Dyson acting major Christopher Bert has had his hands full juggling school and roles in film and on television. Chris played a leading role in The Green, a feature film starring Julia Ormond, Cheyenne Jackson, and Illeanna Douglas. During that time, he also filmed a role in a pilot called Bar Karma for Al Gore’s cable network, Current TV. Chris also acted alongside Dyson student Kelly Washington in The Fat Boy Chronicles and most recently played Jake Preston in an episode of CBS’ A Gifted Man, starring Patrick Wilson.

A Documentary that Makes a Difference
Dyson film and screen studies student Emily Cahill ’14 went on an adventure of a lifetime when she was selected to participate in the 2011 Actuality Media Outreach program in Guatemala. Working with three other students, Emily produced CasaSito, a 25-minute film which highlights and explores a nonprofit organization in Guatemala that works to increase educational opportunities for children in rural areas.

Comic Con-quer
Last year, Pace Law School student Anthony Desiato married his long-term love of comic books with his interest in filmmaking for a unique documentary about Alternate Realities, the Scarsdale, NY, comic book shop he’s worked at since high school. The final product My Comic Shop DocumentARy, which Desiato wrote, directed, produced, shot, and edited while a full-time student, was shown at independent film festival at Comic-Con. View the trailer here.

Small School, Big City
Launched in 2003 as one of NYC’s New Century High Schools with intense collaboration from Pace’s School of Education, Pace High School was partly funded by a $57 million grant from the Gates Foundation as one of over 300 “experiments” in small high school design. It is the little high school that could…and did. In 2011, a half-hour documentary, Small School Big City, about Pace High School by Ken Browne Productions premiered at the Professional Development Schools National Conference in New Orleans. Narrated by Sesame Street’s Roscoe Orman, the documentary tells the story of how a chance meeting between a Pace School of Education Professor and a New York City middle school assistant principal turned into a high school that just last year had 4,700 applicants for 108 open spots. View the trailer for the film here.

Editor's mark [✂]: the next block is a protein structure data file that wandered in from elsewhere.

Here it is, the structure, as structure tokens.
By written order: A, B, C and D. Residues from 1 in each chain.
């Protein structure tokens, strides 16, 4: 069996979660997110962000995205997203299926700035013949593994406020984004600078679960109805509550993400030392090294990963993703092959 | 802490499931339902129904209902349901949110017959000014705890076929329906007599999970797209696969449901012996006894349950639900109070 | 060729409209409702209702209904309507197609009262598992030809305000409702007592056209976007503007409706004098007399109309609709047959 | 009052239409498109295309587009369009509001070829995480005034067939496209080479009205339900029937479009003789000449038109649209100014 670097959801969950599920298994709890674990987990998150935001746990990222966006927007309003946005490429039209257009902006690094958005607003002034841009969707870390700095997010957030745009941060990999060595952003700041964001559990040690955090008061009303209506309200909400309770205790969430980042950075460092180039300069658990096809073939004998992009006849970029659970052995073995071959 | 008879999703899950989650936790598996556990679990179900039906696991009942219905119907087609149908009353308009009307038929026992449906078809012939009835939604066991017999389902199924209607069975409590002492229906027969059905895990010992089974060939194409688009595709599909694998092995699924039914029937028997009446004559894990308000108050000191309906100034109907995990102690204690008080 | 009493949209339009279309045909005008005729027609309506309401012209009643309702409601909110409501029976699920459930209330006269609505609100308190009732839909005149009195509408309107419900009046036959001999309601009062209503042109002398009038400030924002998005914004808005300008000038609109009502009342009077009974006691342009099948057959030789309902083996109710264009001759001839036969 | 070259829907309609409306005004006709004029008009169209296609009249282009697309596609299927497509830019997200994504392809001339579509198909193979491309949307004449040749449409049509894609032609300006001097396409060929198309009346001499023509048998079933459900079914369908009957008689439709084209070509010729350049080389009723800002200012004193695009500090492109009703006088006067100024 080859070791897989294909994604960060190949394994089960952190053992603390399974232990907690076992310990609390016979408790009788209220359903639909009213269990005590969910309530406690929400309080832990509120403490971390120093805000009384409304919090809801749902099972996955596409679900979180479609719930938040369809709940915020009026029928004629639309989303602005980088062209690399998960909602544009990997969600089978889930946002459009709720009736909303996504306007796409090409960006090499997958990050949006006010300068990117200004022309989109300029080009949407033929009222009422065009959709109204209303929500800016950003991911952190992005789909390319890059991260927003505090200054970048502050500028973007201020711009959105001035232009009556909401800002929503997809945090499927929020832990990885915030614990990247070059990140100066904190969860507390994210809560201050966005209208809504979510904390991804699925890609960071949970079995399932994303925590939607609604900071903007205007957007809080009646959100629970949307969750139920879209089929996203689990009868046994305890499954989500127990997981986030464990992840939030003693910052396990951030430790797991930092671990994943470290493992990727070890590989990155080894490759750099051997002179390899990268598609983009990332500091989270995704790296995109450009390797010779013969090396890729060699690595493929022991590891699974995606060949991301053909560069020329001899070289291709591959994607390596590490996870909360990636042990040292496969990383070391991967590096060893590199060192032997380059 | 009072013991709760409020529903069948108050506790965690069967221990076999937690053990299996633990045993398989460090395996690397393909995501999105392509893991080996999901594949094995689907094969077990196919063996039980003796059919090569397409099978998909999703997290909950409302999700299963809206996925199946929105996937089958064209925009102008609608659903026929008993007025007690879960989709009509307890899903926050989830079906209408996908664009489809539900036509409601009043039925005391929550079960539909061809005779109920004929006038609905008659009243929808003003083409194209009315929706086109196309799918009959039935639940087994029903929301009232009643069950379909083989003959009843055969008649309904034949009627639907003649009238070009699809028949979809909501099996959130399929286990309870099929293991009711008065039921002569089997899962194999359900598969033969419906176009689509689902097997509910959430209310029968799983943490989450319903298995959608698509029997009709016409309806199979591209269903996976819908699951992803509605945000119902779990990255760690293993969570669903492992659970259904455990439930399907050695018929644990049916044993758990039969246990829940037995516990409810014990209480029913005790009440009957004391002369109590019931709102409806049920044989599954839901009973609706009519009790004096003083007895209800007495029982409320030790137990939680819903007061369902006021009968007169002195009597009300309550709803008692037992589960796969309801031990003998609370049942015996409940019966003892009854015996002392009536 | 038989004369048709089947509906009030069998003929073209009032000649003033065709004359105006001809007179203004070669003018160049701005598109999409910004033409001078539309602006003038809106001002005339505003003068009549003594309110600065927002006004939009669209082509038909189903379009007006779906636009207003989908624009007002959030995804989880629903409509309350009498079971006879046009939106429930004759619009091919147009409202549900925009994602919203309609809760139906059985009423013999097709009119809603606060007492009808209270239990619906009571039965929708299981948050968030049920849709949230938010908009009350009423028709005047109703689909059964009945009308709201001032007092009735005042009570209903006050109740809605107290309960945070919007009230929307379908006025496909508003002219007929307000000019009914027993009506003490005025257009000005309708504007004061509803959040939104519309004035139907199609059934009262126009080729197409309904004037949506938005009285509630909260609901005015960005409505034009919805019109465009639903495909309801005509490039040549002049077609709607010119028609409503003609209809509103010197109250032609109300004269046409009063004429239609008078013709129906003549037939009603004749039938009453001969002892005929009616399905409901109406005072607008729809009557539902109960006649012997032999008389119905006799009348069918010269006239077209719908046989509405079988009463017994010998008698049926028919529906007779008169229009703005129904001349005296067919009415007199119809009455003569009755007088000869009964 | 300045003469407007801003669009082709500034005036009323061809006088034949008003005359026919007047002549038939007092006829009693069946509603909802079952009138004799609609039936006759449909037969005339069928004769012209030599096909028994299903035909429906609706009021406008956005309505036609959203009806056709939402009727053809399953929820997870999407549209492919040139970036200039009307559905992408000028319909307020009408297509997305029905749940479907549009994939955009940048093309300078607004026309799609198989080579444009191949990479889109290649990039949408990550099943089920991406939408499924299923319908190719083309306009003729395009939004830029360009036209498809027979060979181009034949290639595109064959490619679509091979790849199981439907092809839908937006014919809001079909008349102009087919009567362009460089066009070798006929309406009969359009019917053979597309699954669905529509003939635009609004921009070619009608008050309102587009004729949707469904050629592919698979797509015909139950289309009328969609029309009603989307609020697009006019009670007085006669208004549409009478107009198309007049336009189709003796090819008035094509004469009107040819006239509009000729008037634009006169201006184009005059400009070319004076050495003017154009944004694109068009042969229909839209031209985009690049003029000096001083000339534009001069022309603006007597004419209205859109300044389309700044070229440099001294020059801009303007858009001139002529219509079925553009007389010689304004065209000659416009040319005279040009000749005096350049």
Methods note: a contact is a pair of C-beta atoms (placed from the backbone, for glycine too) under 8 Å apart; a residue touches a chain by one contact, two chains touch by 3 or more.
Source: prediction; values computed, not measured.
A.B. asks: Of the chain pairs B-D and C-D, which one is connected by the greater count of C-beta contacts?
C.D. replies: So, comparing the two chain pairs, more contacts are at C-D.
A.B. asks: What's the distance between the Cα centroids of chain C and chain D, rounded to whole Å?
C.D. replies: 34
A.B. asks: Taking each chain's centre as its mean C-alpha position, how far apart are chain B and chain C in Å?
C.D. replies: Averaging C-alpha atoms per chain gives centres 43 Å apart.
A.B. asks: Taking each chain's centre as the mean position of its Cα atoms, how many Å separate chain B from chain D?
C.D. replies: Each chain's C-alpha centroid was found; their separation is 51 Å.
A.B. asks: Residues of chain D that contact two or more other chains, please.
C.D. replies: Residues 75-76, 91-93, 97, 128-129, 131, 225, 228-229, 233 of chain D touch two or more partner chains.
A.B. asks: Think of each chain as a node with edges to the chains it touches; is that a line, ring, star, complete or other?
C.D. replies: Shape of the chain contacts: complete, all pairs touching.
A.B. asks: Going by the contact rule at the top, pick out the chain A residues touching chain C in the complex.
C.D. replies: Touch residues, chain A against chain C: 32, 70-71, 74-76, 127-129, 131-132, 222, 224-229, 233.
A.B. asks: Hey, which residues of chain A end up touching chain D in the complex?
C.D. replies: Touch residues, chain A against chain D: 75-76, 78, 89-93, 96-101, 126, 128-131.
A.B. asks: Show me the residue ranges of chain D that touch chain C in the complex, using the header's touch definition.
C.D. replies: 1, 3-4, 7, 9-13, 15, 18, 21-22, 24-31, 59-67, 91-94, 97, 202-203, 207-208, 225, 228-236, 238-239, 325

A Big Break
When the independent film Breaking Upwards was screened at Pace, the directors bonded with students in the audience and subsequently took on six Film and Screen Studies majors as interns to work on the film’s promotion, which landed a feature article in The New York Times.

Student on the Go…at
Dyson performing arts student Dominick LaRuffa was cast as the son of Armand Assante and Cathy Moriarty in the film Goat, currently in post-production. Goat is directed by Paul Borghese and features Dominick as 17 year old Nick Baldano, a role which made him an official card-carrying member of the Screen Actor’s Guild.

A River Runs Through NYC
Pace’s downtown NYC location worked out perfectly for Dyson acting major Cooper Rivers, who was able to shoot Mark Mann’s feature film Generation Um… starring Keanu Reeves on the Lower East Side. The film is expected to release in 2012.

Corujo Cannes Do It!
In 2010, Dyson film and screen studies major James Corujo submitted his film The Contract (made in Pace’s 16MM film production course) to the Cannes Films Festival Student competition. Only 300 films from all over the world were selected and Corujo’s was one of them. As a part of the Creative Minds at Cannes contest, in which five small groups were given a week to complete a film, Corujo made an additional five-minute short film, Kiss and Fly, and placed second.

Know someone who’s missing from this list? Leave your comment below or e-mail us!